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The influence of cultural treatments of the long-term survival and growth of planted Quercus rubraAuthor(s): James J. Zaczek; Kim C. Steiner
Source: In: Fei, Songlin; Lhotka, John M.; Stringer, Jeffrey W.; Gottschalk, Kurt W.; Miller, Gary W., eds. Proceedings, 17th central hardwood forest conference; 2010 April 5-7; Lexington, KY; Gen. Tech. Rep. NRS-P-78. Newtown Square, PA: U.S. Department of Agriculture, Forest Service, Northern Research Station: 294-305.
Publication Series: General Technical Report - Proceedings
Station: Northern Research Station
PDF: View PDF (420.99 KB)
DescriptionA northern red oak (Quercus rubra L.) plantation testing 20 nursery stock and planting methods was used to evaluate treatments 3, 6, 10, and 17 years after planting. Survival over all treatments was 92 percent at age 3 and declined to 74 percent, 56 percent, and 39 percent at ages 6, 10, and 17, respectively. At age 17, survival was highest for containerized stock (73 percent) and was independent of nursery undercutting (root-pruning), top-clipping at planting, producing nursery transplant stock, and tree shelters. Surviving trees tended to be initially taller (mean of 44 cm vs. 33 cm for unclipped trees) and had larger mean stem caliper (8.3 mm vs. 6.7 mm) at the time of planting compared to those that died. Trees shorter than mean height (1.3 m) tended to succumb to effects of browsing in early years after fence removal, and later to intraspecific competition after canopy closure. Height at age 10 and diameter at age 17 were greatest for containerized stock that was not top-clipped at planting time, but many of the treatments were not statistically distinguished from each other. Top-clipping did not promote multiple stems.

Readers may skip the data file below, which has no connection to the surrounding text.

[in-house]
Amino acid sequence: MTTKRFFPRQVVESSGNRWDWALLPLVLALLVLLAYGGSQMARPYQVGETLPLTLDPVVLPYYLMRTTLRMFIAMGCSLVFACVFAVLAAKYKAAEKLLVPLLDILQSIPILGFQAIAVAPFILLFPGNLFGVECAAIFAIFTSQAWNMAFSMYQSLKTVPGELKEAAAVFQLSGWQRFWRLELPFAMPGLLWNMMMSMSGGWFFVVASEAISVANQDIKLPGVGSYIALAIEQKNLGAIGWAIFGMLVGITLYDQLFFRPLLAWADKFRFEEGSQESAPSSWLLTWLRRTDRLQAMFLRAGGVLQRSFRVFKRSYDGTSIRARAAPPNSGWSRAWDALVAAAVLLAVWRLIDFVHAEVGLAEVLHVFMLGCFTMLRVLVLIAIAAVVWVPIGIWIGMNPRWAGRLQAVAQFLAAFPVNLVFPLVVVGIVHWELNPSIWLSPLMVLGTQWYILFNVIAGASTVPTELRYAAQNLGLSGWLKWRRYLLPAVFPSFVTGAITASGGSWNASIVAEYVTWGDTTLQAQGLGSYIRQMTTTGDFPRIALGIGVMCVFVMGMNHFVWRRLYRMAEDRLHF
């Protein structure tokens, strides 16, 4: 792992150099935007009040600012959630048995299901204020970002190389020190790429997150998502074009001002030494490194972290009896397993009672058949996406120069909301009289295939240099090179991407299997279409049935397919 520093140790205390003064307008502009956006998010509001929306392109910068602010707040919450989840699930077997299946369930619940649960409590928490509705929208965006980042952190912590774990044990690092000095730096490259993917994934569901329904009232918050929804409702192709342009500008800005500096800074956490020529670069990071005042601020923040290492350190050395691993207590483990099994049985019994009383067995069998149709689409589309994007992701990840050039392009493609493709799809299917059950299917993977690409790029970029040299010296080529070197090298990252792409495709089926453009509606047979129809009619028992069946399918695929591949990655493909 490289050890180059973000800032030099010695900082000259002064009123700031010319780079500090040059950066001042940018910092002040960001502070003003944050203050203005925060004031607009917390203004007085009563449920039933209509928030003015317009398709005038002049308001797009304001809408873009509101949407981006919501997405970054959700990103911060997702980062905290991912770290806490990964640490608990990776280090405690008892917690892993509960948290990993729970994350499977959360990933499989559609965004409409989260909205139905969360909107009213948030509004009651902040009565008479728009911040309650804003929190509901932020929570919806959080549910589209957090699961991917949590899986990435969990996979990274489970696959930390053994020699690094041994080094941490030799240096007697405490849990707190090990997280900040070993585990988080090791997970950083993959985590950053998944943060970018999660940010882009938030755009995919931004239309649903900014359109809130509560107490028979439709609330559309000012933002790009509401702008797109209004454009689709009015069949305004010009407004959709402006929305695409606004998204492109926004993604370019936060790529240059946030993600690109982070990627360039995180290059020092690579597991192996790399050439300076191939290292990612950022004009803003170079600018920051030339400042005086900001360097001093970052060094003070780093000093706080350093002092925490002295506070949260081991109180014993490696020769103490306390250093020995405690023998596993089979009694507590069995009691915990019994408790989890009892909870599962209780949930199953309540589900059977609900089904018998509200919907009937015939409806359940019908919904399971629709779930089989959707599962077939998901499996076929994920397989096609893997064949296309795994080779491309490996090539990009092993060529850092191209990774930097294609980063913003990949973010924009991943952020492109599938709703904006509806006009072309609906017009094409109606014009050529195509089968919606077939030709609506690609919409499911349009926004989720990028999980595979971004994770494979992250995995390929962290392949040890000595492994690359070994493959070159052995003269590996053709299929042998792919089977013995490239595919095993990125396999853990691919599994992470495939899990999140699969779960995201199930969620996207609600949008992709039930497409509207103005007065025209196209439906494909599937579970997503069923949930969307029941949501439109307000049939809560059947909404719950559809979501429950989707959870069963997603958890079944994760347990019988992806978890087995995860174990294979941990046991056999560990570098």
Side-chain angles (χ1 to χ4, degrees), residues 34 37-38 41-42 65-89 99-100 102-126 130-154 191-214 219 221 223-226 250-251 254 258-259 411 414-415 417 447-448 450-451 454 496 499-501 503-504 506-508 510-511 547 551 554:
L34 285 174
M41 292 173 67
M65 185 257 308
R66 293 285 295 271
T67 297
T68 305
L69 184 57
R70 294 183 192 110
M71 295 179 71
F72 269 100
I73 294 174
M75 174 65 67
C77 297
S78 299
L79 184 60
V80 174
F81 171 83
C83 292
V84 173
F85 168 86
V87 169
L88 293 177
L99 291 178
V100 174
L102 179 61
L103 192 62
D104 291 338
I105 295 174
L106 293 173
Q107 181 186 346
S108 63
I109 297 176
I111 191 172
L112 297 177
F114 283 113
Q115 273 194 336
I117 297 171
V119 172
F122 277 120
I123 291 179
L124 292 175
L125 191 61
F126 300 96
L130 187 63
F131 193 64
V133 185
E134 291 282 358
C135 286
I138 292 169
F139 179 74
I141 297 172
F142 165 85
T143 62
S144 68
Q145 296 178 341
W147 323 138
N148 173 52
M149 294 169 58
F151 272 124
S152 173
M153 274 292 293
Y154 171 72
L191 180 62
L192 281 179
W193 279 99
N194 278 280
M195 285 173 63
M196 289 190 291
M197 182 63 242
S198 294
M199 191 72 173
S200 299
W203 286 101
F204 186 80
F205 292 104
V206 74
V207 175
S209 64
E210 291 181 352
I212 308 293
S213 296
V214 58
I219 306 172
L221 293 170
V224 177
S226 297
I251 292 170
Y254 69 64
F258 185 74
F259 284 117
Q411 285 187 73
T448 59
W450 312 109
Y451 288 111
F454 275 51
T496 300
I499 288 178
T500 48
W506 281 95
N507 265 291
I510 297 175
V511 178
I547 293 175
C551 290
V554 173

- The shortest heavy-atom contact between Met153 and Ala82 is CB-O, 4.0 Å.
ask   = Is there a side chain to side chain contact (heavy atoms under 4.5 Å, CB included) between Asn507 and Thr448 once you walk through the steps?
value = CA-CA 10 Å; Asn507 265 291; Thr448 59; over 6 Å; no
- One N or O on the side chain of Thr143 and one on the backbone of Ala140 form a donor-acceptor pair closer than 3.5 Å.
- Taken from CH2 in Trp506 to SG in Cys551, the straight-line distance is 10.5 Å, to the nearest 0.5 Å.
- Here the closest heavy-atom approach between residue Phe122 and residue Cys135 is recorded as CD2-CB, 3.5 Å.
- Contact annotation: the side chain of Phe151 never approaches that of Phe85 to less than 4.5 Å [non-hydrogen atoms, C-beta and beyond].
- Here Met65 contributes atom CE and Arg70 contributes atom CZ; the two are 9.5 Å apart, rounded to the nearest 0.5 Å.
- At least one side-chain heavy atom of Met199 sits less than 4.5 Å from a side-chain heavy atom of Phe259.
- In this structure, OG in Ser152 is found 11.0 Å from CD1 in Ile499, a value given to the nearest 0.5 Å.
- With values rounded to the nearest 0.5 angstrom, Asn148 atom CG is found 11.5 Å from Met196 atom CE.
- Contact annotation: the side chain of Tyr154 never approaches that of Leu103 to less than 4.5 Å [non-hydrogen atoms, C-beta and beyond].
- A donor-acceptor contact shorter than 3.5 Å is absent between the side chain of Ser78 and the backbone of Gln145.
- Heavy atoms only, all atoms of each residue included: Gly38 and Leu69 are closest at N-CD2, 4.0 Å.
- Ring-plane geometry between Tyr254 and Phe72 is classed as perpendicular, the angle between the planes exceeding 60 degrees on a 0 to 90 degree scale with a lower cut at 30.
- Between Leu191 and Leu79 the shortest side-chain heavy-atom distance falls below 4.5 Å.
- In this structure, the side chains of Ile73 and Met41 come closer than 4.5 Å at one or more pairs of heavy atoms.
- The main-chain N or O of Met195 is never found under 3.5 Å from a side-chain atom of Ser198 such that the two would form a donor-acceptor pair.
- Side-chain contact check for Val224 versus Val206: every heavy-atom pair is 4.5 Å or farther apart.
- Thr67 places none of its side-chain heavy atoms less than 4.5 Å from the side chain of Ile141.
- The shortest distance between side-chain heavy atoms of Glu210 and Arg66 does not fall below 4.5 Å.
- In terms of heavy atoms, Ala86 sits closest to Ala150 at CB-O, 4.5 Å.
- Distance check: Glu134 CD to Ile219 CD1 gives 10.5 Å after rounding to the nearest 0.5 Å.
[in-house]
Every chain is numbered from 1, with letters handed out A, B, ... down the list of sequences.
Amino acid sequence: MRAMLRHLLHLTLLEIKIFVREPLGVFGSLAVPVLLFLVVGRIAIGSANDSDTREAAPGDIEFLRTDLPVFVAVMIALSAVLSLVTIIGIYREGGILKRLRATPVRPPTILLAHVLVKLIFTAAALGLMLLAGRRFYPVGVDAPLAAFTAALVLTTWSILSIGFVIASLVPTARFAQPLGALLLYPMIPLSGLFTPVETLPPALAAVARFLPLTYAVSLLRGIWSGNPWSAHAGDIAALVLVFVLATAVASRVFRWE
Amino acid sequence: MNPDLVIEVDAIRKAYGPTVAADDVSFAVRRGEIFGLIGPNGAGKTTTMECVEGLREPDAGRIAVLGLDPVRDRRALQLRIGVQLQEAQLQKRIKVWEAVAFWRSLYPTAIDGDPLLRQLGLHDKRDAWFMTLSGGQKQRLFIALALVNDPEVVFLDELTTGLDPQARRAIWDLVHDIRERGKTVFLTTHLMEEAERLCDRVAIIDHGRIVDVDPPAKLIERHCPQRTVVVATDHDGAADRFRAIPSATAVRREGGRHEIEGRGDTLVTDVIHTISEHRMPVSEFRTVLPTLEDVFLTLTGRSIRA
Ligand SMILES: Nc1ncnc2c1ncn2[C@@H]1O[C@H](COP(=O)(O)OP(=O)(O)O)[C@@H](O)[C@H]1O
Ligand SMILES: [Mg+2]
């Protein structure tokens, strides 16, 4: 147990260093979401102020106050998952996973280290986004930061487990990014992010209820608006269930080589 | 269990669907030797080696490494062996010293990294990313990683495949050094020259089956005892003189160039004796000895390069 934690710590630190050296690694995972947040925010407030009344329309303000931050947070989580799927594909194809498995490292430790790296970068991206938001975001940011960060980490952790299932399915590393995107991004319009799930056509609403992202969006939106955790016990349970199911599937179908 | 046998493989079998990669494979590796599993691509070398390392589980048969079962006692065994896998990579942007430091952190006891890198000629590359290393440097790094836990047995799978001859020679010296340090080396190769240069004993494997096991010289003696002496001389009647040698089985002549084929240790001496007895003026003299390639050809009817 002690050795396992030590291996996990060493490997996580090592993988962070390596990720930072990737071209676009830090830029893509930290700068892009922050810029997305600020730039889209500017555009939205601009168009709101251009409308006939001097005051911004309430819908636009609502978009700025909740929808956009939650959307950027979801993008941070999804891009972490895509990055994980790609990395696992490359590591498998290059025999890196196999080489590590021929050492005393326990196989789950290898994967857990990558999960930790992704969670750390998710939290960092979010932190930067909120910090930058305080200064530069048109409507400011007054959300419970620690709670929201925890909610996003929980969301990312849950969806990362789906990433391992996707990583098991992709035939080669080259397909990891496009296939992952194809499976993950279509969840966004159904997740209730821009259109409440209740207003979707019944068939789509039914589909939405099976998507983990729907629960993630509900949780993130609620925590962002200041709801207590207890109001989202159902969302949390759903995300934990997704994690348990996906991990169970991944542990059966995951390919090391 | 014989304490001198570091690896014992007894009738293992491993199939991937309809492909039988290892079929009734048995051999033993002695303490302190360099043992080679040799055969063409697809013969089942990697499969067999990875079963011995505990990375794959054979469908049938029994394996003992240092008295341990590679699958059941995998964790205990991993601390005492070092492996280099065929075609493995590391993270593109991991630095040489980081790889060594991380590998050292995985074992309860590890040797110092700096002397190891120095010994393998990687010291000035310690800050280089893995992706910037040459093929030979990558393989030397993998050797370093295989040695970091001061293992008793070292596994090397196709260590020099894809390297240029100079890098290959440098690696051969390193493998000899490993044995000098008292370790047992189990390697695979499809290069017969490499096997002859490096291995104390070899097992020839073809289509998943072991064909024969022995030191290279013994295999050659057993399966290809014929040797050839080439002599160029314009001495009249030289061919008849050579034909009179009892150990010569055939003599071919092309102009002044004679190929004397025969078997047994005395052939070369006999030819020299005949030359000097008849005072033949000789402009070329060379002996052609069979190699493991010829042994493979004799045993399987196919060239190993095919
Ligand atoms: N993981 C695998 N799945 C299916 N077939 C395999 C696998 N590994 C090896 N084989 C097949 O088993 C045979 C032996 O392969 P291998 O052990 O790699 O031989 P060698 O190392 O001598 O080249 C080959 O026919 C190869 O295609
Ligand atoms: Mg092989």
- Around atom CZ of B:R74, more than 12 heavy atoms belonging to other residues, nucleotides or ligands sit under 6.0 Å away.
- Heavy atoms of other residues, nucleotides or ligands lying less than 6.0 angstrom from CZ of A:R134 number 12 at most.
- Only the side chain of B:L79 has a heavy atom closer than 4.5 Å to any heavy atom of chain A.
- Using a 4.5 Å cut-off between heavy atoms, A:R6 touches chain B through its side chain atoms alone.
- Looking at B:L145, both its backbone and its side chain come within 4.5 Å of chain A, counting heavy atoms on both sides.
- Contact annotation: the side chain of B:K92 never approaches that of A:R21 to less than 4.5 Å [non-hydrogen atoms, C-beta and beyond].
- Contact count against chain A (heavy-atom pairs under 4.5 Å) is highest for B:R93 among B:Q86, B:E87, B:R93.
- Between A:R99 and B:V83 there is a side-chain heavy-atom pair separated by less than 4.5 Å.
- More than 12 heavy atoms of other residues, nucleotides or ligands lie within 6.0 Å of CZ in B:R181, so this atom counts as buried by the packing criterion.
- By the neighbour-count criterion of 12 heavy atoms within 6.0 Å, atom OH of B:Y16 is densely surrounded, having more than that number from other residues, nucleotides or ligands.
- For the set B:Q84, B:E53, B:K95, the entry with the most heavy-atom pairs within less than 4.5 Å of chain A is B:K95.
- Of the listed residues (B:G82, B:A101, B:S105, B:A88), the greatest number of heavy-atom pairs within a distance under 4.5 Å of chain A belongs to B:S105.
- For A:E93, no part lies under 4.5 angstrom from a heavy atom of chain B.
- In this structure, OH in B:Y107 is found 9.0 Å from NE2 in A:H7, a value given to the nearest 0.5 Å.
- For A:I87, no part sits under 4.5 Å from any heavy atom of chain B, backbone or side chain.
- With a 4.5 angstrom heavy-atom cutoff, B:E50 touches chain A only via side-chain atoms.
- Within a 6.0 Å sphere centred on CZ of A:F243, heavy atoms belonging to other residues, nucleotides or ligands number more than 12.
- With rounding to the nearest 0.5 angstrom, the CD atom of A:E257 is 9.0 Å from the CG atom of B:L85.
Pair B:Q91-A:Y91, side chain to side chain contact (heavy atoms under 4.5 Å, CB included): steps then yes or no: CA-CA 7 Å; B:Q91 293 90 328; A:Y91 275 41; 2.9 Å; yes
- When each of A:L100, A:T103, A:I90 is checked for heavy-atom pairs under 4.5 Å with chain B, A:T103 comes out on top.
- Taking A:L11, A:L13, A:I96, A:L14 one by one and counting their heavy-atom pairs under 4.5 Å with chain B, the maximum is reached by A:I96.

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CitationZaczek, James J.; Steiner, Kim C. 2011. The influence of cultural treatments of the long-term survival and growth of planted Quercus rubra. In: Fei, Songlin; Lhotka, John M.; Stringer, Jeffrey W.; Gottschalk, Kurt W.; Miller, Gary W., eds. Proceedings, 17th central hardwood forest conference; 2010 April 5-7; Lexington, KY; Gen. Tech. Rep. NRS-P-78. Newtown Square, PA: U.S. Department of Agriculture, Forest Service, Northern Research Station: 294-305.
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